The Psychoactive Substances Act was lauded by the government as a ‘landmark Bill’, having gone through ‘extensive Parliamentary and public scrutiny’. The Act was arguably created to specifically prevent the supply of Nitrous Oxide. The Act has been criticised by many as being unworkable and not fit for purpose, and their concerns appear now to have come to fruition.
The Act makes it an offence to supply or to possess with intention to supply psychoactive substances. It does not make simple possession an offence.
A psychoactive substance is defined by the Act, section 2(1), as ‘any substance which a) is capable of producing a psychoactive effect in a person who consumes it and b) is not an exempted substance.’ A substance produces a psychoactive effect, section 2(2), in a person if, ‘by stimulating or depressing the person’s central nervous system, it affects the person’s mental functioning or emotional state’.
Nitrous Oxide (also known as laughing gas) has a number of uses, including the dispensing of whipped cream from canisters, in chemical manufacturing, in auto racing engine injection and as an analgaesic or anaesthetic in both medical and dental applications. It is also used by some for recreational purposes because of the euphoric effects it produces in the human body. Those who attend festivals may have seen the gas being sold in balloons, from which it is then inhaled.
Is Nitrous Oxide a Psychoactive Substance under the Act?
In bringing prosecutions for the supply of Nitrous Oxide under the psychoactive substances act, the Crown Prosecution Service has relied upon a statement prepared by Professor Phillip Cowen for the Home Office. The statement provides a description of the effect Nitrous Oxide has upon the central nervous system and states that it is ‘capable’ of having a psychoactive effect and is therefore likely to be subject to the Act.
However, Professor Cowen recently confirmed that Nitrous Oxide is also capable of being an exempted substance as defined by the Act. Schedule 1 of the Act makes ‘medicinal products’ exempted substances. It states ’medicinal products’ has the same meaning as in the Human Medicines Regulations 2012 (S.I 2012/1916).
The Regulations define ‘medicinal products’ as 2(1)(a) ‘any substance or combination of substances presented as having properties of preventing or treating disease in human beings’ or 2(1)(b) ‘any substance of combination of substances that may be used by or administered to human beings with a view to- i) restoring, correcting or modifying a physiological function by exerting a physiological function by exerting a pharmacological, immunological or metabolic action, or ii) making a medical diagnosis’.
The Act does not provide that Nitrous Oxide (or indeed any other medicinal product) is only exempt whilst it is being used for medicinal purposes.
According to the BBC, The Crown Court at Southwark was informed that the Crown’s own expert, Professor Cowen, was of the firm view that Nitrous Oxide is an exempted substances under the current wording of the Act, within the medicinal products exception. The Judge instructed the jury to find the defendant not guilty.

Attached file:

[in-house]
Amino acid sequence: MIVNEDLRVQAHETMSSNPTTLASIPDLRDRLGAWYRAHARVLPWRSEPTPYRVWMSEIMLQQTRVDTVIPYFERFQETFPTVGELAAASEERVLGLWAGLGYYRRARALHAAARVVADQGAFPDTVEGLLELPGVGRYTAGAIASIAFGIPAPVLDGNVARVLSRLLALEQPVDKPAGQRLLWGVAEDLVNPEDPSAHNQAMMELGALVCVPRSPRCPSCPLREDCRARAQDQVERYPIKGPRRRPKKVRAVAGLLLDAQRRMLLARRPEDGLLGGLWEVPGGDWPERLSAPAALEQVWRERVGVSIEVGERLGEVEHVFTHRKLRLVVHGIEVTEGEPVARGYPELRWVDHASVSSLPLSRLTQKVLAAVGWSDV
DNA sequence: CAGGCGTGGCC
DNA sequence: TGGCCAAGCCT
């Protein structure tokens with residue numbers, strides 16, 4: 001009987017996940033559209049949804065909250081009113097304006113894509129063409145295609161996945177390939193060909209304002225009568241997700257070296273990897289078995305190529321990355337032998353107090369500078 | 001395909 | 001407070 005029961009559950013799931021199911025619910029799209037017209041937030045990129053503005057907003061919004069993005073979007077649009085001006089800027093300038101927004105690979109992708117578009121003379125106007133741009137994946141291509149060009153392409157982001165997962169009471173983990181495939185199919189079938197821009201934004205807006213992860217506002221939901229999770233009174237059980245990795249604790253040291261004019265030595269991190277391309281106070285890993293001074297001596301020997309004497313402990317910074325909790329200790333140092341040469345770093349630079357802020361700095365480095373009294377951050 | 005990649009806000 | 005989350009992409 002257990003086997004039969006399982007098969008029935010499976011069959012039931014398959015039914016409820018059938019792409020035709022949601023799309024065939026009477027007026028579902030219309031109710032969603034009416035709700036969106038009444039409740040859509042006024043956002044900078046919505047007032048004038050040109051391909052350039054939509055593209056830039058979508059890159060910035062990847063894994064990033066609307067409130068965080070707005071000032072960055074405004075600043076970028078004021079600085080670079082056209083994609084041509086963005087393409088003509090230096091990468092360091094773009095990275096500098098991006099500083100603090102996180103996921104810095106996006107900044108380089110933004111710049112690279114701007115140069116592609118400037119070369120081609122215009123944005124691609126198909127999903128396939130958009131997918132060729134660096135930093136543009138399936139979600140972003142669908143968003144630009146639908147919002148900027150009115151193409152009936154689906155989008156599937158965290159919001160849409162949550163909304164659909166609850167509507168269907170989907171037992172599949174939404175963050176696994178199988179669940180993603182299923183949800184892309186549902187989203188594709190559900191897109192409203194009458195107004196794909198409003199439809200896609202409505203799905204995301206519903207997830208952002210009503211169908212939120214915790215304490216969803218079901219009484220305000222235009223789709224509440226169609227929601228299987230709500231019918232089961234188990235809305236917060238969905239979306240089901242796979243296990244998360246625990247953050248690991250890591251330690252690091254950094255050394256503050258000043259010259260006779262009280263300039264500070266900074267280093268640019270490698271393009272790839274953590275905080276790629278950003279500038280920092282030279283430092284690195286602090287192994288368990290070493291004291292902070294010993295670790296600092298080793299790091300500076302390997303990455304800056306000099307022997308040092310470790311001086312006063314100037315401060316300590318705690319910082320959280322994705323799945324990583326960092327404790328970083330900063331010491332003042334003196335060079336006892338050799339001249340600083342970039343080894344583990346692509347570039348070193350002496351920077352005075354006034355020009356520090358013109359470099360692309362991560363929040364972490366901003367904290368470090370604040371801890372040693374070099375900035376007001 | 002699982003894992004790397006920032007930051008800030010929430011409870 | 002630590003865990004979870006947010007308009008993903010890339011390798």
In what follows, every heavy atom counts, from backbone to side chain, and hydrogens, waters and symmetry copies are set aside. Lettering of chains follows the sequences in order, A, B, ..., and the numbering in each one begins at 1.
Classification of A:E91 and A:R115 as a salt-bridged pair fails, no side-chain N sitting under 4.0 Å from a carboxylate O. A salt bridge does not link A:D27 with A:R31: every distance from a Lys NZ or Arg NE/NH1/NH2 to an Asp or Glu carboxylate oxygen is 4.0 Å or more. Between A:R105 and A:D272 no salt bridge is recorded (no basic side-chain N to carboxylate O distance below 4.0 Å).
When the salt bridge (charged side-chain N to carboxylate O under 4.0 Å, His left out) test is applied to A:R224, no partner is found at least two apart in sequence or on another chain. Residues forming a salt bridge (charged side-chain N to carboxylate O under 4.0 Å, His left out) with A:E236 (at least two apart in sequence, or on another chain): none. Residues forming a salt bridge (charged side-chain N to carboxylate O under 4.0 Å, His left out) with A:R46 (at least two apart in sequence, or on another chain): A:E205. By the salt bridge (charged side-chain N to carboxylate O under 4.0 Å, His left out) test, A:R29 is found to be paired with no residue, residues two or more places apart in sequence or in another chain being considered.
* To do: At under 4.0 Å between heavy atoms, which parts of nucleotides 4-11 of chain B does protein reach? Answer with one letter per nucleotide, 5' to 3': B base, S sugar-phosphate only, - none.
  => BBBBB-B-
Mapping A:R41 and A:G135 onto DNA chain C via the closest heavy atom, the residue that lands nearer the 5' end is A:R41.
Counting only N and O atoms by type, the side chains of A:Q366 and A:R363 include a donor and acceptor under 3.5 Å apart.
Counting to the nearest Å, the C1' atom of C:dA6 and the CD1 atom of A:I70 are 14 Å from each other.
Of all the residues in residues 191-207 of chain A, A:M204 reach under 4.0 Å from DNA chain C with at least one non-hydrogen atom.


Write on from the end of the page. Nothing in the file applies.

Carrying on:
The Crown Court at Truro heard submissions from defence counsel that Nitrous Oxide fell within the medicinal products exception. The Judge accepted the submissions.
The Home Office have responded by stating that Nitrous Oxide is covered by the Act and that it remains illegal to supply or intend to supply the substance for its psychoactive effects. However, these new cases strongly suggest otherwise.
There is no reporting to suggest that either case referred to above has been appealed by the Crown on the basis that the terminatory ruling was incorrect, although these cases are very recent.
My Client has been Charged under this Act- what can I do?
Pressure may be applied to CPS reviewing lawyers in the wake of the above cases, to discontinue matters against defendants charged with the supply or intention to supply Nitrous Oxide under the Act. If this does not succeed then an application to dismiss in the Crown Court will be worthwhile pursuing.
Thus far the Crown have sought to rely on a statement from Professor Cowen when proceeding in such cases, given his recent evidence whether the Crown seek to rely on him or not disclosure requests should be made in respect of his recent evidence which undermines or clarifies, depending on your view, what is in that statement.
The Act in Action
My recent experience of the Act both in the Magistrates’ Court and in the Crown Court is that the CPS are struggling to grapple with the poorly drafted legislation. Defence practitioners may find some use in the Home Office Forensic Strategy, published in support of the Act. The Forensic Strategy provides details of the evidence required from experts when determining whether a substance is psychoactive and therefore subject to the Act.
There is also some dispute as to how many canisters of Nitrous Oxide a person might be expected to have in their possession for personal use, particularly the apparently fleeting impact an inhalation would have on a person’s senses.
Despite the government’s protestations that the Act is fit for purpose, in that it does cover Nitrous Oxide, it is likely that they will review the Act and may amend or clarify the medicinal purposes exception.
Relevant media coverage –